- Animals: goats
- Animal Production: animal protection and health, manure management
- Crop Production: food product quality/safety
- Education and Training: display, extension, on-farm/ranch research, technical assistance
- Farm Business Management: whole farm planning, budgets/cost and returns
- Natural Resources/Environment: biodiversity, habitat enhancement
- Pest Management: biological control, prevention
- Production Systems: agroecosystems, holistic management
- Soil Management: earthworms, soil quality/health
- Sustainable Communities: partnerships, community services, sustainability measures
Identification of coprophagous and nematopredacious arthropod species present on farms in Arkansas.
A characterization of the caprophagous and nematopredacious arthropod species found in different regions of Arkansas. Additionally, seasonal species changes were tracked. Locations showed different abundances of species. Shirley, AR, area showed more diversity of species than other locations. Armadillidiidae (roly poly) were found in Marshall, AR, area and Shirley, (both northern Arkansas) with higher populations in Marshall. De Queen, AR, (western Arkansas) area possessed medium-sized scarabidae (dung beetles) not found in other areas. Fire ants were also common in DeQueen. Grapevine, AR, (Southern Arkansas) area showed Phanaeus vindex that were not found elsewhere, and much larger dung beetles in general.
Haemonchus contortus, the barberpole worm, is a blood-sucking gastrointestinal parasite of special importance in small ruminants. Goats infected with H. contortus suffer from reduced productivity, anemia, and eventually death. Due to the overuse of chemical dewormers, H. contortus has become resistant to all available classes of dewormers (Terrill et al., 2001; Zajac and Gipson, 2000). FAMACHA scoring and treating only those animals with high scores for anemia will reduce the rate at which complete resistance of H. contortus to chemical dewormers occurs, but it is labor intensive (Van Wyk and Bath, 2002). Moreover, once chemical dewormers are no longer capable of controlling H. contortus infections, H. contortus has the potential to wipe out the small ruminant industry in the southeastern United States. Mortality rates as high as 20% have been reported in parts of the world where H. contortus is completely resistant to chemical dewormers.
The life cycle of H. contortus begins with the egg, which passes out of the host animal in the feces. The egg hatches and undergoes two stages of larval development before reaching the migratory third instar (L3). The L3 larva crawls up grass blades to a height of usually no more than 2-3 inches and waits to be consumed by a host animal. Once inside the host, it completes its molt to a stage 4 larva, and eventually an adult, blood-sucking worm which repeats the cycle.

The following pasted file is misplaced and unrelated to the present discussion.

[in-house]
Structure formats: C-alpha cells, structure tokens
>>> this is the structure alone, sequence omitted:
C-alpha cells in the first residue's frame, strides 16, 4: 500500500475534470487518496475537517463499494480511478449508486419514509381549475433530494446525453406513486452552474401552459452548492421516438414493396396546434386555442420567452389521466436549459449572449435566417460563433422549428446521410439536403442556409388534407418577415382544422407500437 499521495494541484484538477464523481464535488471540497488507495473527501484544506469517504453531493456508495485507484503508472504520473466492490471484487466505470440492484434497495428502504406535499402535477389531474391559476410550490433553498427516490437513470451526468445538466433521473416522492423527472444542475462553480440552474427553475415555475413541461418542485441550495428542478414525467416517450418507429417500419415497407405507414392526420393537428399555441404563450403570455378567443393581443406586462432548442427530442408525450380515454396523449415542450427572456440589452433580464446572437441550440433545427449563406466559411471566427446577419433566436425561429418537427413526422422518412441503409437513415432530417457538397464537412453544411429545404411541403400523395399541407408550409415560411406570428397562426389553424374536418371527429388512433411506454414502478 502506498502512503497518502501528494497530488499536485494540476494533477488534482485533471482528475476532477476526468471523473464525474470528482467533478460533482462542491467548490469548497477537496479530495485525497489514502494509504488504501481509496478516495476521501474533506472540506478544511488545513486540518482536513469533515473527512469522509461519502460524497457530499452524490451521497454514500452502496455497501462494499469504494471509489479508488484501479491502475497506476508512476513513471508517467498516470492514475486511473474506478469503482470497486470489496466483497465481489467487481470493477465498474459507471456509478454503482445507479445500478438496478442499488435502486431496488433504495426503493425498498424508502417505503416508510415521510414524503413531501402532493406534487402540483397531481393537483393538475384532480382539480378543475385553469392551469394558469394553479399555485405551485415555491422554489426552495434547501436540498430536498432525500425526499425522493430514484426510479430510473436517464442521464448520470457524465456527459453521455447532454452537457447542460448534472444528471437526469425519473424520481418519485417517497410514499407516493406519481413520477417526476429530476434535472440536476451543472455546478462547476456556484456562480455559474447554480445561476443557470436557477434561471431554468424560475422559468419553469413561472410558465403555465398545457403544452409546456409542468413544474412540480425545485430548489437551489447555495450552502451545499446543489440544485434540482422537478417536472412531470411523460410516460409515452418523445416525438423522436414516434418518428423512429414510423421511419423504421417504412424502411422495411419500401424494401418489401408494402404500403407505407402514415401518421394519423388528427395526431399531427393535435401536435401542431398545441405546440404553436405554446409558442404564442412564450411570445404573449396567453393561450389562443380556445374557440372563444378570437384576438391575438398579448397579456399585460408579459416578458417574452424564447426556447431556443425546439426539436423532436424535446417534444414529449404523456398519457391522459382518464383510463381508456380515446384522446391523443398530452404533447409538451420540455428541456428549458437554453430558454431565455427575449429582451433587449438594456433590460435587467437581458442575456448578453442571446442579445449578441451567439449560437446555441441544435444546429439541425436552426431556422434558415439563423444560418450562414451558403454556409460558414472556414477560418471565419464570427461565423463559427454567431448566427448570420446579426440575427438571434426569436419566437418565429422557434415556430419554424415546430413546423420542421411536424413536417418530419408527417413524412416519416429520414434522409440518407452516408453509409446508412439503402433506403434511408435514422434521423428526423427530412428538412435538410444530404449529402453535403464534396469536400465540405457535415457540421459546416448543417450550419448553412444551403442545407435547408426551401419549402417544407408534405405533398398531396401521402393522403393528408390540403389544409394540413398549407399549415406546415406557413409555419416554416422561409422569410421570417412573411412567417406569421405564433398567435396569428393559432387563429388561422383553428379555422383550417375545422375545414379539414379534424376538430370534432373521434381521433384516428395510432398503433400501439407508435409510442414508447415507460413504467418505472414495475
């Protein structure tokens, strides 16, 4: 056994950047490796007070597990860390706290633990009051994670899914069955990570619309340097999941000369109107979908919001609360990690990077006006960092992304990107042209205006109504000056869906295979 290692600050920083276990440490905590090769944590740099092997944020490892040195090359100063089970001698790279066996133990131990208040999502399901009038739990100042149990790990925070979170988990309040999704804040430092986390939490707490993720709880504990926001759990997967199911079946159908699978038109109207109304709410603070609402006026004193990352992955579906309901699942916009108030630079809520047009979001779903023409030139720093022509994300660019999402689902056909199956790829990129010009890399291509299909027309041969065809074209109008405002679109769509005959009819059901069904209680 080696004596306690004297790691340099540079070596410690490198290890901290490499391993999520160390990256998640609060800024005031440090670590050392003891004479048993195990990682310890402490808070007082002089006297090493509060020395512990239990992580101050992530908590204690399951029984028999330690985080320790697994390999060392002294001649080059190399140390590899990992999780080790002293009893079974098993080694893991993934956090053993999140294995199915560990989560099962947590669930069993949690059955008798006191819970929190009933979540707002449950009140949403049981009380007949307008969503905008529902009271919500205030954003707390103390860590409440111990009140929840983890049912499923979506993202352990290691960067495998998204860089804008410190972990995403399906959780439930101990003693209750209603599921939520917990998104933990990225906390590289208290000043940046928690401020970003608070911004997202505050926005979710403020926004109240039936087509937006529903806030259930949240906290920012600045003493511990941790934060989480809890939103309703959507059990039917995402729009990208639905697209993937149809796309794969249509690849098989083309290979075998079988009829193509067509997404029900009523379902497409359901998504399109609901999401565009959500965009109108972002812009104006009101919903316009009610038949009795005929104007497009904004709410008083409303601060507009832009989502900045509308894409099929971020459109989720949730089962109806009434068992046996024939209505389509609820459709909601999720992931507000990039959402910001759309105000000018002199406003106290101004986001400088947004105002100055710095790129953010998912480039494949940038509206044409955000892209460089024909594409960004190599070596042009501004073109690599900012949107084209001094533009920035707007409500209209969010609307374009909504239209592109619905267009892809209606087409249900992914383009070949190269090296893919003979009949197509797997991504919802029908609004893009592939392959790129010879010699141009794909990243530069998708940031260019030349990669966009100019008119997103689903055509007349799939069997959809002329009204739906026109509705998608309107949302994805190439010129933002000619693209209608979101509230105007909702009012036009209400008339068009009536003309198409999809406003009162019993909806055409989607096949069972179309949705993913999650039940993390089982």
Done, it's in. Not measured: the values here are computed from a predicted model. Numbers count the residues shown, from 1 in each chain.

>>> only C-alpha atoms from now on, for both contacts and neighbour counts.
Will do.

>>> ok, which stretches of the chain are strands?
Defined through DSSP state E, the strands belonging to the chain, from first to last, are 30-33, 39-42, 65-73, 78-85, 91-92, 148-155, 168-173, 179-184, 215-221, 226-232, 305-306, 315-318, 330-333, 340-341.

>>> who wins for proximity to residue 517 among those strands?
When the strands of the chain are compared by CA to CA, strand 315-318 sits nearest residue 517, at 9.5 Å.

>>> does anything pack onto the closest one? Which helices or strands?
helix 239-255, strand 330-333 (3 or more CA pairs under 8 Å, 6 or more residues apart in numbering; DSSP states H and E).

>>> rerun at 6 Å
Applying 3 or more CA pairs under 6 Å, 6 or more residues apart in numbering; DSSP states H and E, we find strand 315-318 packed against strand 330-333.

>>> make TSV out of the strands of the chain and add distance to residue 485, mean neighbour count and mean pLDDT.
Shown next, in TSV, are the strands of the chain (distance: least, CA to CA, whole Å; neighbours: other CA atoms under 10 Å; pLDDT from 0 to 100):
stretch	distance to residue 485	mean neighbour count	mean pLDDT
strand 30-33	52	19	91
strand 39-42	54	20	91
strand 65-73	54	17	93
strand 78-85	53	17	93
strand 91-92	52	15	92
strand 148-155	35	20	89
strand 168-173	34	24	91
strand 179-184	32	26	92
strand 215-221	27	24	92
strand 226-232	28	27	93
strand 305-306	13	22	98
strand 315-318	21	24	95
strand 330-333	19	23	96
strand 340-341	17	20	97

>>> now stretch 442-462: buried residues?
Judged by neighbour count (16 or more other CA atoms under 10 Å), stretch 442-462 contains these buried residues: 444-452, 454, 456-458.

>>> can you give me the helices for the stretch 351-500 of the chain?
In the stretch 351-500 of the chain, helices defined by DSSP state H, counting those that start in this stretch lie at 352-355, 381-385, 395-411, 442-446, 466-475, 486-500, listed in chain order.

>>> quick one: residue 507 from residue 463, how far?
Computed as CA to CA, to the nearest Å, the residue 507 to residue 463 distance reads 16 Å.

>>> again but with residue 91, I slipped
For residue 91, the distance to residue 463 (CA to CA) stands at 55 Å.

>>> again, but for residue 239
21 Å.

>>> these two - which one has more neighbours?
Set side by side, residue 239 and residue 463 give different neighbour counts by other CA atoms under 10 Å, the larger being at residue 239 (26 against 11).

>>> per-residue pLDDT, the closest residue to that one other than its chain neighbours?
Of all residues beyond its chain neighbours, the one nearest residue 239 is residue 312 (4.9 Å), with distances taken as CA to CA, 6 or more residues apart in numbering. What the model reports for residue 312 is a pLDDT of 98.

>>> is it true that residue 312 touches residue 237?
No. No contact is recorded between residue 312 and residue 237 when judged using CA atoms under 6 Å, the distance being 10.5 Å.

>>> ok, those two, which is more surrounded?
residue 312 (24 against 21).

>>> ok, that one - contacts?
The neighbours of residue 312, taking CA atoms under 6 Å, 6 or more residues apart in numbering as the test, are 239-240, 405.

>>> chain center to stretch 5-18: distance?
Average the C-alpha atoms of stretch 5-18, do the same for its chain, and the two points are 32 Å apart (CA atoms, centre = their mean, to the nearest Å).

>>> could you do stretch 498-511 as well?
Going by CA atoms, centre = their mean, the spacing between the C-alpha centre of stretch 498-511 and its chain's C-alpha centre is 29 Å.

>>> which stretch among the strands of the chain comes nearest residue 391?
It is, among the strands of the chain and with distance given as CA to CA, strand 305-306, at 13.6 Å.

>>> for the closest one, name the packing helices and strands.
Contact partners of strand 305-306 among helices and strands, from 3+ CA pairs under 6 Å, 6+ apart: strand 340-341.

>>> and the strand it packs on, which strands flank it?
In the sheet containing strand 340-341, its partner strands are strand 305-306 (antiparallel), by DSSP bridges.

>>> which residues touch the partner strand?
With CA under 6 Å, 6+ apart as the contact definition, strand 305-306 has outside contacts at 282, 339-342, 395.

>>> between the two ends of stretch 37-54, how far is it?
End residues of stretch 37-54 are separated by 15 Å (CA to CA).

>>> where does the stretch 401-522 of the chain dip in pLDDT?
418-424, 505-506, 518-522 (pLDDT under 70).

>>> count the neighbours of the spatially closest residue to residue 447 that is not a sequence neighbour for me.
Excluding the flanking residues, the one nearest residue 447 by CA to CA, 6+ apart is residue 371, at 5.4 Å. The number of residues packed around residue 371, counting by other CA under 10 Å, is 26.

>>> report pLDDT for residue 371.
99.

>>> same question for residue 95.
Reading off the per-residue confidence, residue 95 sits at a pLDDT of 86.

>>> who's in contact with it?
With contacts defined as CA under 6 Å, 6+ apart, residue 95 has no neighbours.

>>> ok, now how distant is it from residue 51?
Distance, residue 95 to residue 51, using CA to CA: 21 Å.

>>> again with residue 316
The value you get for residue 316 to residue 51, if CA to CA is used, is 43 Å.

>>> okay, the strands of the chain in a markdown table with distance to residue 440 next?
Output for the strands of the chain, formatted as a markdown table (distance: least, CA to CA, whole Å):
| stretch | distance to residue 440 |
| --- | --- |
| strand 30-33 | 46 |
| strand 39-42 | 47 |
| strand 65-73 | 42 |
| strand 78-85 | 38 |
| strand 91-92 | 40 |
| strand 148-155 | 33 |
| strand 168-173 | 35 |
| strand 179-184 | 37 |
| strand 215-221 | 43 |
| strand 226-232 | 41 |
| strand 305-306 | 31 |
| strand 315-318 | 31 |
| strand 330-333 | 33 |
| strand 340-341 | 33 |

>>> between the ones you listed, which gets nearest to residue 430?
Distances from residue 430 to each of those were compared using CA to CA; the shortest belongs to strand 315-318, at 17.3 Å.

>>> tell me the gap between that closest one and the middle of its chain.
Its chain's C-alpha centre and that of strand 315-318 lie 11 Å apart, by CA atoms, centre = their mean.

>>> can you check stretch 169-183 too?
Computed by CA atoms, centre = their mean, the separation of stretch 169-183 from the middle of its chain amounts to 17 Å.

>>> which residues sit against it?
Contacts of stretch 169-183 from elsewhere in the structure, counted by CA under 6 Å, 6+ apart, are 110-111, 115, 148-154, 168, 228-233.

Alternative methods of controlling H. contortus infections include the use of forages high in tannins, copper oxide wire particle boluses, selective breeding, rotational grazing and maintaining pasture forage heights above 4 inches (Fleming et al., 2006). No one of these methods is capable of completely controlling H. contortus. Alternative methods will have to be part of a comprehensive integrated pest management (IPM) program designed to reduce H. contortus infection rates to manageable levels. Development of additional H. contortus control strategies is necessary to protect small ruminant producers in the southeastern United States against unsustainable economic losses due to gastrointestinal parasites.
H. contortus and other internal and external parasites such as horn flies(Haematobiairritans), face flies(Muscaautumnalis) and coccidia rely on feces at some point in their life cycle either as a source of nutrients or as a carrier for passage out of the host into the environment. Reduction of fecal material on pastures could reduce the parasite egg load on the pasture. Most methods of manure management on pastures require a tractor to pull a harrow or similar object over the pastures to break up manure to speed drying and expose parasites to predators and the elements.The drawback to this method is that it is time-consuming and increase fuel and equipment maintenance costs. Alternatively, predators of nematode larvae that live on or near manure may be useful in reducing the number of H. contortus larvae surviving to migrate to nearby grasses where they can be ingested and start the cycle of infection again.
To determine the presence and distribution of caprophagous and nematophagous arthropod species on small ruminant farms in Arkansas.